Economic and Social Council: Operational Activities for Development Segment on Repositioning the United Nations development system to best support the 2030 Agenda - statement delivered on behalf of Canada, Australia and New Zealand
Statement delivered by Craig J. Hawke, Permanent Representative of the New Zealand Permanent Mission to the United Nations, 22 May 2019
I have the honour to deliver this statement on behalf of Australia, Canada, and my own country, New Zealand.
We thank the Secretary-General and the Deputy Secretary-General for their leadership and continued efforts to reposition the UN development system and to align it with the 2030 Agenda.
We applaud the hard work to date to operationalise the new Resident Coordinator system, and congratulate the UN for the roll-out of the RC system with minimal operational disruptions.
This is a timely and significant first step in the reform process. However, we appreciate that there is more hard work to come to realise a fully reinvigorated RC system.
To have a meaningful impact on country-level delivery, UN agency representatives responsible for country level activities need to establish a strong relationship with the new RCs. Without full support for the RCs from each agency representative, little will change.
The operationalisation of the recently finalised Management and Accountability Framework, which clearly outlines the accountability of each agency representative to the RC, is fundamental to success of the reform agenda. We urge the SG to be bold in leading this next critical phase.
As donors, we will do our part to empower the RCs by changing the way we engage with the UN at country level in recognition of, and to support, their new mandate.
For the new RC system to be successful it also needs predictable and sustainable funding. New Zealand, Australia and Canada have each provided multi-year financial contributions to the RC coordination function and we encourage all states, both donor and programme countries, to consider doing the same. Mr Secretary-General
We have welcomed the opportunity to work together with the UN and member states to develop a Funding Compact. We have been particularly encouraged by the conversation on quality non-core funding.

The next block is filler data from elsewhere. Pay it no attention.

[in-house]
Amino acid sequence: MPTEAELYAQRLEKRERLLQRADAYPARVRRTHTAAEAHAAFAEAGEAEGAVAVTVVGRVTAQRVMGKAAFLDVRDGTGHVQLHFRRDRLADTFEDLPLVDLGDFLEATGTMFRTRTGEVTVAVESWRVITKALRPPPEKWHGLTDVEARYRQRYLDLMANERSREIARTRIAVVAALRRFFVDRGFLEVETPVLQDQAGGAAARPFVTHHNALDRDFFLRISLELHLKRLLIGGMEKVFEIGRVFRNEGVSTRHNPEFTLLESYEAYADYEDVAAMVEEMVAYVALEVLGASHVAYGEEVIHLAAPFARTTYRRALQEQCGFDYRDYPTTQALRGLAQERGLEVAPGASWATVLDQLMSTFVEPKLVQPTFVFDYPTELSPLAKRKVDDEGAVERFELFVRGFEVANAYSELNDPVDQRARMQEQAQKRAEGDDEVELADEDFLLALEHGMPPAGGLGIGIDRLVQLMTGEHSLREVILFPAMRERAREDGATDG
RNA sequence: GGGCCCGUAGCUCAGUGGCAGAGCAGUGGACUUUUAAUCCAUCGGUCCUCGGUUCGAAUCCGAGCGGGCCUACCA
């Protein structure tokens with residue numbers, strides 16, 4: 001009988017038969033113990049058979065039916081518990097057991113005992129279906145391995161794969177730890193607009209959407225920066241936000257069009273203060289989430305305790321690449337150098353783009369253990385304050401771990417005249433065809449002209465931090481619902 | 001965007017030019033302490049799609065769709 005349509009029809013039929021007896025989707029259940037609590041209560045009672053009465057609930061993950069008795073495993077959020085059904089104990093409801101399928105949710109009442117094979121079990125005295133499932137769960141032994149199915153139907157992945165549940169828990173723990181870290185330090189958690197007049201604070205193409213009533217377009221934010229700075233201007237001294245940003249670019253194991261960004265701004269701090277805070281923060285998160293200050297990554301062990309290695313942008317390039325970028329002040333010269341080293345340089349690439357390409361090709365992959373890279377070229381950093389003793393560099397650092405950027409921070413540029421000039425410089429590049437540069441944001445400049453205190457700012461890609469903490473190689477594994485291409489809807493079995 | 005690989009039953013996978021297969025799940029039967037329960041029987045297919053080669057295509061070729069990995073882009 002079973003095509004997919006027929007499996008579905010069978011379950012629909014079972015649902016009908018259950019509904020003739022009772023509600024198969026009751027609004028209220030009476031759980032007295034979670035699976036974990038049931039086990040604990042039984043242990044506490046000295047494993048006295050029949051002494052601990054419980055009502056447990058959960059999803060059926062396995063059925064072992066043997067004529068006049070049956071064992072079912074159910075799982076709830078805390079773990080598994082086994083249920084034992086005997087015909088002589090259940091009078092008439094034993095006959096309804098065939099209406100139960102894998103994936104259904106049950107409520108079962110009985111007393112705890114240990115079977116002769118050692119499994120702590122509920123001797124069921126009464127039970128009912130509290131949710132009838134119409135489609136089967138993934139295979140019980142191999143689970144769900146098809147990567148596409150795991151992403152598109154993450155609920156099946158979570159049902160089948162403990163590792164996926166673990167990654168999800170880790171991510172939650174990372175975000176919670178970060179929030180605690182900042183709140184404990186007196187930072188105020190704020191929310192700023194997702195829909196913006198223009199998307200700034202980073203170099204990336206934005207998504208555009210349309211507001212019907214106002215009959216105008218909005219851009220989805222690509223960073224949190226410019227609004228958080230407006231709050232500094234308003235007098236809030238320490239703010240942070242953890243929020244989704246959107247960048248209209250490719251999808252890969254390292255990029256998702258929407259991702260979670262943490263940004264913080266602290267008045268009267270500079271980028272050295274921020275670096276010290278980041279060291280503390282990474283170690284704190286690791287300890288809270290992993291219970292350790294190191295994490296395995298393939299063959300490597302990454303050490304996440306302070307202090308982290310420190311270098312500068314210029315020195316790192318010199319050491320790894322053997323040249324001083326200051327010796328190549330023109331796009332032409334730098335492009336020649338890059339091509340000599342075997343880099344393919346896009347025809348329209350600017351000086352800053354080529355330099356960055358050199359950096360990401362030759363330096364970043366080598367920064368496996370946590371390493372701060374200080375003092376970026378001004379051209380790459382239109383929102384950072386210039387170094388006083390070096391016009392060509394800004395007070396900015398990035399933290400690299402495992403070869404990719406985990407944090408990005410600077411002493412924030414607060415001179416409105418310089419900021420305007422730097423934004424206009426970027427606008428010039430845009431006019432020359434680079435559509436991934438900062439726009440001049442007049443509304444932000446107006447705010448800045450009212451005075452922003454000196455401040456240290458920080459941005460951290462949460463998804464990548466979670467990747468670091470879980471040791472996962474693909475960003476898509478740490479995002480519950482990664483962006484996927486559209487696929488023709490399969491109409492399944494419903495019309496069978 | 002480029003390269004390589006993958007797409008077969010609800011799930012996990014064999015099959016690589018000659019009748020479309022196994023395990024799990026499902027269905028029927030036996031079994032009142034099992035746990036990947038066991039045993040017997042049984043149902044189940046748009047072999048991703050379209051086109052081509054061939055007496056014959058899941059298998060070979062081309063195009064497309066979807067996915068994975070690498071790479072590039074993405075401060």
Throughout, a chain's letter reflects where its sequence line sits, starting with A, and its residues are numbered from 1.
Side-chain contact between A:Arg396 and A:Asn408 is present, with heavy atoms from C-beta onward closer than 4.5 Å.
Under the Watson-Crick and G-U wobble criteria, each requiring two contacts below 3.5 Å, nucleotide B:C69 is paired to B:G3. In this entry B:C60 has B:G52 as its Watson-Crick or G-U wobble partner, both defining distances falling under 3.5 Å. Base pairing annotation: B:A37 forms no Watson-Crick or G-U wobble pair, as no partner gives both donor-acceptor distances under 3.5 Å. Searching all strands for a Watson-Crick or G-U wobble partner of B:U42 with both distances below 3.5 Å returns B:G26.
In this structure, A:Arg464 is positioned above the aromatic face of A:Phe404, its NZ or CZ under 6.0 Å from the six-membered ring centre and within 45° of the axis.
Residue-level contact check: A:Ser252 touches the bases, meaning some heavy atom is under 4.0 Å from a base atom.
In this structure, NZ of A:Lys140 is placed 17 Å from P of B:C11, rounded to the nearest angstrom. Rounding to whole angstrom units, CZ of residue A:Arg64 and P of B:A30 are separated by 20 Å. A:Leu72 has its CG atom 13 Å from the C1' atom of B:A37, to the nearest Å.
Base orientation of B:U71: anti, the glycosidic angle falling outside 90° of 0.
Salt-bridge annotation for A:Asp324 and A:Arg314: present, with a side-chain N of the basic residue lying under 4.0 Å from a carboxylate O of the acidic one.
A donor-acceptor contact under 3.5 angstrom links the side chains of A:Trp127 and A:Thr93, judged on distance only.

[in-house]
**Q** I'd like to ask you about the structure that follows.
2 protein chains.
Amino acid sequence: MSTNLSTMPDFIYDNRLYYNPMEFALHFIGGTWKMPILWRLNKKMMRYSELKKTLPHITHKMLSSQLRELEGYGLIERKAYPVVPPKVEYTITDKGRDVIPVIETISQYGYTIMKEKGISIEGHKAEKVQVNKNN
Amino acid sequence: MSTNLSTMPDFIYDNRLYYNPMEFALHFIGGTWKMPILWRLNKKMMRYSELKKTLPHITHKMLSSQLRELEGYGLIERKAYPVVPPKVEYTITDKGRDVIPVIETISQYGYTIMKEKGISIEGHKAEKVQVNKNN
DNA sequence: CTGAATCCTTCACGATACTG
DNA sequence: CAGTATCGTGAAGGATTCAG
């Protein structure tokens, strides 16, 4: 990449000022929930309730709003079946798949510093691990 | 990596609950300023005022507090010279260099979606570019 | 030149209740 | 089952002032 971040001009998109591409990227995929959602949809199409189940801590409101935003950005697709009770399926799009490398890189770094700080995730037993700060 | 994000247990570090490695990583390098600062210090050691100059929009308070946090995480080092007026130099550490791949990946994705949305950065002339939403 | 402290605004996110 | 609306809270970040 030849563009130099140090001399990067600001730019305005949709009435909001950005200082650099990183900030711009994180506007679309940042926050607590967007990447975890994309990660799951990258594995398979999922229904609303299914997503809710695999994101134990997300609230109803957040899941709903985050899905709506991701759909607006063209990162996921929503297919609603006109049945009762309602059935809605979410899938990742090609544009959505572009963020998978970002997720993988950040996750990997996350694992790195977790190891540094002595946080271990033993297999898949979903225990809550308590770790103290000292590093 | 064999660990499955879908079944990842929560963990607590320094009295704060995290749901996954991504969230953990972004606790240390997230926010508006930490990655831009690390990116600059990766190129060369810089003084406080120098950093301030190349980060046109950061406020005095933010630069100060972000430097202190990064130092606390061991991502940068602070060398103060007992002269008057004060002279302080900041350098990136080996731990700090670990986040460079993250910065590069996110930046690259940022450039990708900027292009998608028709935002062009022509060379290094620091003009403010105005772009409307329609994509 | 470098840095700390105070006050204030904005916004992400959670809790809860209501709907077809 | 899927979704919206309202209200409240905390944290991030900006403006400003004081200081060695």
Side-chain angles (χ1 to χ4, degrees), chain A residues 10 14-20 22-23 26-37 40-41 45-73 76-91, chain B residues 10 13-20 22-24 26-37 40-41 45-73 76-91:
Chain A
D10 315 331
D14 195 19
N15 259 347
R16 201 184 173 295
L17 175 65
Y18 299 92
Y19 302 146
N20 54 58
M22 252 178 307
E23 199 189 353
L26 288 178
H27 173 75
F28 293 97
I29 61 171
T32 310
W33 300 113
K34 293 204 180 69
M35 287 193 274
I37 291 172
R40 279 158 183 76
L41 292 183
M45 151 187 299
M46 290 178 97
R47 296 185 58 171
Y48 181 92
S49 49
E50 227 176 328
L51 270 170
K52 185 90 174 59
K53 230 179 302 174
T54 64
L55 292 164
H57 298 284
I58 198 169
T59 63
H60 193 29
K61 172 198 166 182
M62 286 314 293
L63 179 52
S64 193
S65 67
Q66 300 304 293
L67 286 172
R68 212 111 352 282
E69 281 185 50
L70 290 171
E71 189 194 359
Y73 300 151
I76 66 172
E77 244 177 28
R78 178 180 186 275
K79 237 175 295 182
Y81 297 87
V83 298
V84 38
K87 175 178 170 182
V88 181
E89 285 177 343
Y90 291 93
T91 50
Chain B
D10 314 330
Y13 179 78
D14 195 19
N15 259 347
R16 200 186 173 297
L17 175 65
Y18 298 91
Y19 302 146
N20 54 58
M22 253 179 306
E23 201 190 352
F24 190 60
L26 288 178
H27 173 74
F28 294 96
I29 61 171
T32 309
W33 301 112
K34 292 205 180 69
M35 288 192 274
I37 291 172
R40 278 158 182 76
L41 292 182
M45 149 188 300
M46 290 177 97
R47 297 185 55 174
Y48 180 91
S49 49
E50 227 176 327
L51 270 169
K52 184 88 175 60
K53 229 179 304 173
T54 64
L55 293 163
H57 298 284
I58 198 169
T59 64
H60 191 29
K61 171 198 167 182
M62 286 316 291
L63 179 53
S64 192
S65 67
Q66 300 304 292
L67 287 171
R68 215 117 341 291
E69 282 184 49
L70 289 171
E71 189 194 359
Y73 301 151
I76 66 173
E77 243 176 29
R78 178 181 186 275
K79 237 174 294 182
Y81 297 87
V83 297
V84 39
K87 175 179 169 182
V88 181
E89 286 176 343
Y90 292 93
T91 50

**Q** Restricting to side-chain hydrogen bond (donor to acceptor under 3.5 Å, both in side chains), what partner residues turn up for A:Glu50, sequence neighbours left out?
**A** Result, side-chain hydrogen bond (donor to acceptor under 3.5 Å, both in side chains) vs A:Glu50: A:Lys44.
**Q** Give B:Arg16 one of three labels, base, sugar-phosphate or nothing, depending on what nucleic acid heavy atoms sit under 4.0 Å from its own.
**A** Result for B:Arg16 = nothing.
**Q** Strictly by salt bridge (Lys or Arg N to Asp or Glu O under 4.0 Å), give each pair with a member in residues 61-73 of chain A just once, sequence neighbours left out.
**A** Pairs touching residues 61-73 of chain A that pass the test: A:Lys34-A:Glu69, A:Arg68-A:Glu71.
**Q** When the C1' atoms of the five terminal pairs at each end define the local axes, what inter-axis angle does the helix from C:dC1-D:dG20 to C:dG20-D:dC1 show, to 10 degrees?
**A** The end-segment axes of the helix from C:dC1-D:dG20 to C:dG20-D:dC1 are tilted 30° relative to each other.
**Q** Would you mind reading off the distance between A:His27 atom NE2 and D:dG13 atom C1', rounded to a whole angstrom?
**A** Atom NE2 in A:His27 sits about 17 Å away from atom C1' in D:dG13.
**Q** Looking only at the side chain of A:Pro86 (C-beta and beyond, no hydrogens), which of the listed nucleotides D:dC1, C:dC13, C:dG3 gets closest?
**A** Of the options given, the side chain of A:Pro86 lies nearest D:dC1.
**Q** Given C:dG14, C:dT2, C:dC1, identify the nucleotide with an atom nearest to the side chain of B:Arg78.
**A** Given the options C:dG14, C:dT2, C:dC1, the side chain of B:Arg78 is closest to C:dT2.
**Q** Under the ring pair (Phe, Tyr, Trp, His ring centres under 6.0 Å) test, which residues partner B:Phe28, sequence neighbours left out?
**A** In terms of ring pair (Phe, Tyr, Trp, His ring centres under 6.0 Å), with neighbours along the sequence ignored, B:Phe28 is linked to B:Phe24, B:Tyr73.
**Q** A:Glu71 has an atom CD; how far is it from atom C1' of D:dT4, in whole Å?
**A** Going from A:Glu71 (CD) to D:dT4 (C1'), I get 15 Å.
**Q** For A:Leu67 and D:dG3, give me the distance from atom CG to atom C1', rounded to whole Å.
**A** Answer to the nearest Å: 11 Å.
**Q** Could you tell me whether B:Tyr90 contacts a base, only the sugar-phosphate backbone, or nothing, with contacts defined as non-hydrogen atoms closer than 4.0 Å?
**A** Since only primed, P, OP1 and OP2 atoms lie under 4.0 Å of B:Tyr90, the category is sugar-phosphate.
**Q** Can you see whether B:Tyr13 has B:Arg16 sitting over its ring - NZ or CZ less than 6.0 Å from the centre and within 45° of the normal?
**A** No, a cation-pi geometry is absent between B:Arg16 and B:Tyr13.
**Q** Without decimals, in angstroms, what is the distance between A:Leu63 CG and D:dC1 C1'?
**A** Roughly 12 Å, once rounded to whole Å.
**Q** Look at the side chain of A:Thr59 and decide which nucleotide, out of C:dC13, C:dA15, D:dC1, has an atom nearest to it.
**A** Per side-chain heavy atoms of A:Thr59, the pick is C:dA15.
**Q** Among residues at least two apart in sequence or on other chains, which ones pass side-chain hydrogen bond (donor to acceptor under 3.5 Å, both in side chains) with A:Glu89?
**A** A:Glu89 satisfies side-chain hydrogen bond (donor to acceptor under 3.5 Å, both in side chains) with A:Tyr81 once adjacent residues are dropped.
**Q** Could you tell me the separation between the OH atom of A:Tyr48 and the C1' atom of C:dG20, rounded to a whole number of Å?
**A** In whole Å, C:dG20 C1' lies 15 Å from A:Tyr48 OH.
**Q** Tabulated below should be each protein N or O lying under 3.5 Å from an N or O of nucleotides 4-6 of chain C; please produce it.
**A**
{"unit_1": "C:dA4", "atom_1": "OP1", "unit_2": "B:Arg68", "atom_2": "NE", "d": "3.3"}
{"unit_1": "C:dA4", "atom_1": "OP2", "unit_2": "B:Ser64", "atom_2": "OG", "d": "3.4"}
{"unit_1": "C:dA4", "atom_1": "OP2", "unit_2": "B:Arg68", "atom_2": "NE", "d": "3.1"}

To drive change, we all must reassess the way we fund the system. To achieve the SDGs, we must broaden the donor base and encourage non-traditional donors to increase their contributions as their economies allow. More multi-year core funding is also critical, as is providing programmatic funding that incentivises collaboration.
Agencies also need to honour their commitments in the Funding Compact, including by accelerating results with more effective programme implementation, better monitoring of results and more transparent reporting.
UN agencies must change the way they work with each other, increasing their partnerships, joint programming and collaboration. There is still too much competition between agencies, and this is wasting precious development resource.
For our delegations, the multi-country office review is a particularly critical element of the reform. We take this opportunity to thank the Secretary-General for visiting the Pacific last week. This enabled you to view first-hand the development challenges that the region, and all small island developing states, face.
We appreciate the acknowledgement that the UN must do more, and better support all countries covered by MCOs. We also welcome the provision of increased resources for coordination, and the acknowledgement that each country covered by a MCO needs a specific development plan.
We welcome and support the decisions the Secretary-General has made to execute his reform mandate in both the Caribbean and Pacific, and look forward to further discussions on how these can best be implemented.
We support the deployment of human rights advisers to UNCTs. We agree that there is a clear, and growing, demand for such expertise. We also commend the development of a new UN system-wide strategy on disability inclusion to complement these efforts, and to strengthen UN leadership in area that for too long has been overlooked.
We join others in asking for greater clarity on the proposals for reform at the regional level and in relation to DESA. Member states need to better understand the end-state, the value add, and the roles and responsibilities relative to the RC system. We encourage increased transparency and consultation with Member States.
The System Wide Strategic Document should deliver a clear strategic vision of the role of the UN Development System in supporting Agenda 2030. While the outline is moving in the right direction, we would welcome a stronger focus on the UNDS comparative advantage and core mandates anchored in leaving no one behind, with better integration of critical principles such as human rights, gender equality and the nexus.
In our view, system-wide governance needs to be addressed, including the governance implications of the regional review and impact at the country level.
We strongly support, and commend, your on-going efforts to reposition the development system. You can count on our continued support as we move towards its full implementation.